The Davos event probably intensified the various polarities in the region. It will be more difficult to bring Palestinian factions together now that Hamas feels it has the backing of Turkey in addition to Iran. Without Palestinian unity, an Israel-Palestine agreement is impossible. The gap between Hamas and Israel widened after the recent Israeli atrocities in Gaza and Erdoğan is not helping to reduce it. Moreover, from now on Israel may be less willing for Turkey to have a frontline role in the Middle East peace process.

The clearest fallout of Davos, however, is the further erosion of the relationship between the U.S. Jewish lobby and Erdoğan. Only a few years ago, the Jewish lobby was bestowing high honors on him. Today, the top five leading Jewish organizations have addressed a letter to him about their concerns for his criticism of Israel, the insecurity of the Jewish community and the suggested rise of anti-Semitism in Turkey. The strain is real and serious. The Jewish lobby is by far the most powerful and is the only one that supports Turkey. The Jewish lobby only has to do nothing to hurt Turkish interests. Without Jewish support of Turkey, Armenian resolutions would enjoy their best chance ever to pass U.S. Congress.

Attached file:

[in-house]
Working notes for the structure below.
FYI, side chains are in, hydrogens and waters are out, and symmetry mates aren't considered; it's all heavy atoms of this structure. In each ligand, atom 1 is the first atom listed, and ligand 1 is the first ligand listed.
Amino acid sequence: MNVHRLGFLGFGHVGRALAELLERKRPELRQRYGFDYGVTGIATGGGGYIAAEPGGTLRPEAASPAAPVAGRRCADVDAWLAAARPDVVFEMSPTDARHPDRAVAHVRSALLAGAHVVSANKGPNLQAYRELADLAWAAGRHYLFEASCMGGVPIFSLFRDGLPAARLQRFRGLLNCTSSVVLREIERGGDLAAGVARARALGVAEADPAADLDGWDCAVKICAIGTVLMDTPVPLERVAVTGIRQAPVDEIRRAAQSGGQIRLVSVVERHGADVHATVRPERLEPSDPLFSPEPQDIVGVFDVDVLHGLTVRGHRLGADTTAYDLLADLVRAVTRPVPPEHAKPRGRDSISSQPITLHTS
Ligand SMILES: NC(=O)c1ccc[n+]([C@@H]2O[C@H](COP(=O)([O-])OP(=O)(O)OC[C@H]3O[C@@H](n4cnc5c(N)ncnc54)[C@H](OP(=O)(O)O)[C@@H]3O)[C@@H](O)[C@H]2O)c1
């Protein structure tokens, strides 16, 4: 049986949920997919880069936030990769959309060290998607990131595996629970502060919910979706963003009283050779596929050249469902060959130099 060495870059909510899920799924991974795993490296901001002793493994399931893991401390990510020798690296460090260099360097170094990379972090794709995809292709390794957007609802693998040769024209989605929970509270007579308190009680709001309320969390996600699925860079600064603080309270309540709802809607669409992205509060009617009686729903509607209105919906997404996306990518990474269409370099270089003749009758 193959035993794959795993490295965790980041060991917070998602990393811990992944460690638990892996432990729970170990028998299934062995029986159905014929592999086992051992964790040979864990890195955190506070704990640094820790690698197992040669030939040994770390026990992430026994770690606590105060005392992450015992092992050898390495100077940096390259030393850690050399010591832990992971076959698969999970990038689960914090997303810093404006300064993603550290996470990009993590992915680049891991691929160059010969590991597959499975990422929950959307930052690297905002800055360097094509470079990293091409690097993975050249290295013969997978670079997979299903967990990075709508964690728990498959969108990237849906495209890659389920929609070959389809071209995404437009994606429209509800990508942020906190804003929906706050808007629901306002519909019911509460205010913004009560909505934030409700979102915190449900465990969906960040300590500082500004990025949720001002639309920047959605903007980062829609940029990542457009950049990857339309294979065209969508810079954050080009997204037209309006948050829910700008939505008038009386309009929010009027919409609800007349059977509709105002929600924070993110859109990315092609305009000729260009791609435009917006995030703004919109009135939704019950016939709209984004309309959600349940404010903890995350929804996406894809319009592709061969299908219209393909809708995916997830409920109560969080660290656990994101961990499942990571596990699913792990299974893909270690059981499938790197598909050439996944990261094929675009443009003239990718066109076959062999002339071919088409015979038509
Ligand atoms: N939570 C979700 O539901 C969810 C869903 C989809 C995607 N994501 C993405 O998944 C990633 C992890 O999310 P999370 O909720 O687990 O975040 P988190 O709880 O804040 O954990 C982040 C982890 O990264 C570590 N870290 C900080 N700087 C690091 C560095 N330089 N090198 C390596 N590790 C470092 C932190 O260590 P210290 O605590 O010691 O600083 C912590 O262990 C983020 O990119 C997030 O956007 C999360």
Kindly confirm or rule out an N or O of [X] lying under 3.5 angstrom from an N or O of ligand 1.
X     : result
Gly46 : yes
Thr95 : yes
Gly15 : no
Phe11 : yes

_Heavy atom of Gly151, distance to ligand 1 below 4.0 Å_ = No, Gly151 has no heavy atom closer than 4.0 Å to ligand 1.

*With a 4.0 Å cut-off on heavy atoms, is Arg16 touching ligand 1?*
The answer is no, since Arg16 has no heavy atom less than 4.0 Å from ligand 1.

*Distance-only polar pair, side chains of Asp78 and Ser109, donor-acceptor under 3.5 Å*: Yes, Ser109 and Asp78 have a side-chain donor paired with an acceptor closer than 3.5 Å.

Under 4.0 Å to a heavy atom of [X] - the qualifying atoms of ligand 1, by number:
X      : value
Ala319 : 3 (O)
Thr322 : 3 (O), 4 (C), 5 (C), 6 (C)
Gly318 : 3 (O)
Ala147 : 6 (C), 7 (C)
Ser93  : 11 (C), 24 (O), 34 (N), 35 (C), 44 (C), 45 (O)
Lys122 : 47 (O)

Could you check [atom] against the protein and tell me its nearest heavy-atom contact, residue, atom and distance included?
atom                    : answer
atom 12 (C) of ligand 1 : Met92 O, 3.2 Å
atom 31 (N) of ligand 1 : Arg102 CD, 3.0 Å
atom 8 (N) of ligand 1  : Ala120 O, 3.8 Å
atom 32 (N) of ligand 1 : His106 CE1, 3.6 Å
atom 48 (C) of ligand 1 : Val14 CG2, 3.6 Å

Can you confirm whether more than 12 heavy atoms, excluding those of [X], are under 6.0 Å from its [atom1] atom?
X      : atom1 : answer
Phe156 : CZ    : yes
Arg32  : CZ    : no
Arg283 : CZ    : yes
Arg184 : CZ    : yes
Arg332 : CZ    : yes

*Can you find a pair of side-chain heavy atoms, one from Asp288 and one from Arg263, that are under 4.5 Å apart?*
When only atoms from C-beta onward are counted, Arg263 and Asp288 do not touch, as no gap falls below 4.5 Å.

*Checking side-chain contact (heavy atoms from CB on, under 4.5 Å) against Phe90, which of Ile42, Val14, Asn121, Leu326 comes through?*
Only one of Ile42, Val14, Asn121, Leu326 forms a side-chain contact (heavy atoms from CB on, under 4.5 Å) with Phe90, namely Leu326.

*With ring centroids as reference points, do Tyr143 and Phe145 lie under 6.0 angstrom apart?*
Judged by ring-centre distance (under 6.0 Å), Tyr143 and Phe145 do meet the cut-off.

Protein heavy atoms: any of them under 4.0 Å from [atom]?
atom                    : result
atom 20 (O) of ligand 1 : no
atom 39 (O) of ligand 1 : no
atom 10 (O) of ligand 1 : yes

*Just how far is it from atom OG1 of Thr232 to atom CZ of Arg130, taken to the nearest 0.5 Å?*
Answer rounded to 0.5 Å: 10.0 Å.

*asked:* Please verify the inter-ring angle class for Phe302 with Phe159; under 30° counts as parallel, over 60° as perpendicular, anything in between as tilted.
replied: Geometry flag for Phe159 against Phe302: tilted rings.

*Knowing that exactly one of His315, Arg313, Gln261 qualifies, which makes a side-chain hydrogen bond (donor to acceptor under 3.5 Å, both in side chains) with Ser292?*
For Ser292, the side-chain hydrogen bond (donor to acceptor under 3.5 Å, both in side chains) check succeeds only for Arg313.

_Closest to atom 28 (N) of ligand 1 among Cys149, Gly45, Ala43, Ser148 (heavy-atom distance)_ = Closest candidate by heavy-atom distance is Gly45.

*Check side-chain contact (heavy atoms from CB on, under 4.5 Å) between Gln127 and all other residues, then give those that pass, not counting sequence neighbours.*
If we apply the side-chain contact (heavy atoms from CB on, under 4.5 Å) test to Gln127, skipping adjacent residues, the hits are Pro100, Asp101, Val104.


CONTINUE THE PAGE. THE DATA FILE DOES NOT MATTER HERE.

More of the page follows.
Israel will draw its own conclusions from Davos. It is clear the relationship is not what it was several years ago, but it is still too important for Israel to risk further deterioration. Ties with Israel are valuable for Turkey as well. What will happen next depends on what leaders on both sides do and say. Erdoğan is likely to maintain his pro-Hamas narrative while Israel will continue to refuse to deal with Hamas. This might place additional strains on Turkish-Israeli ties.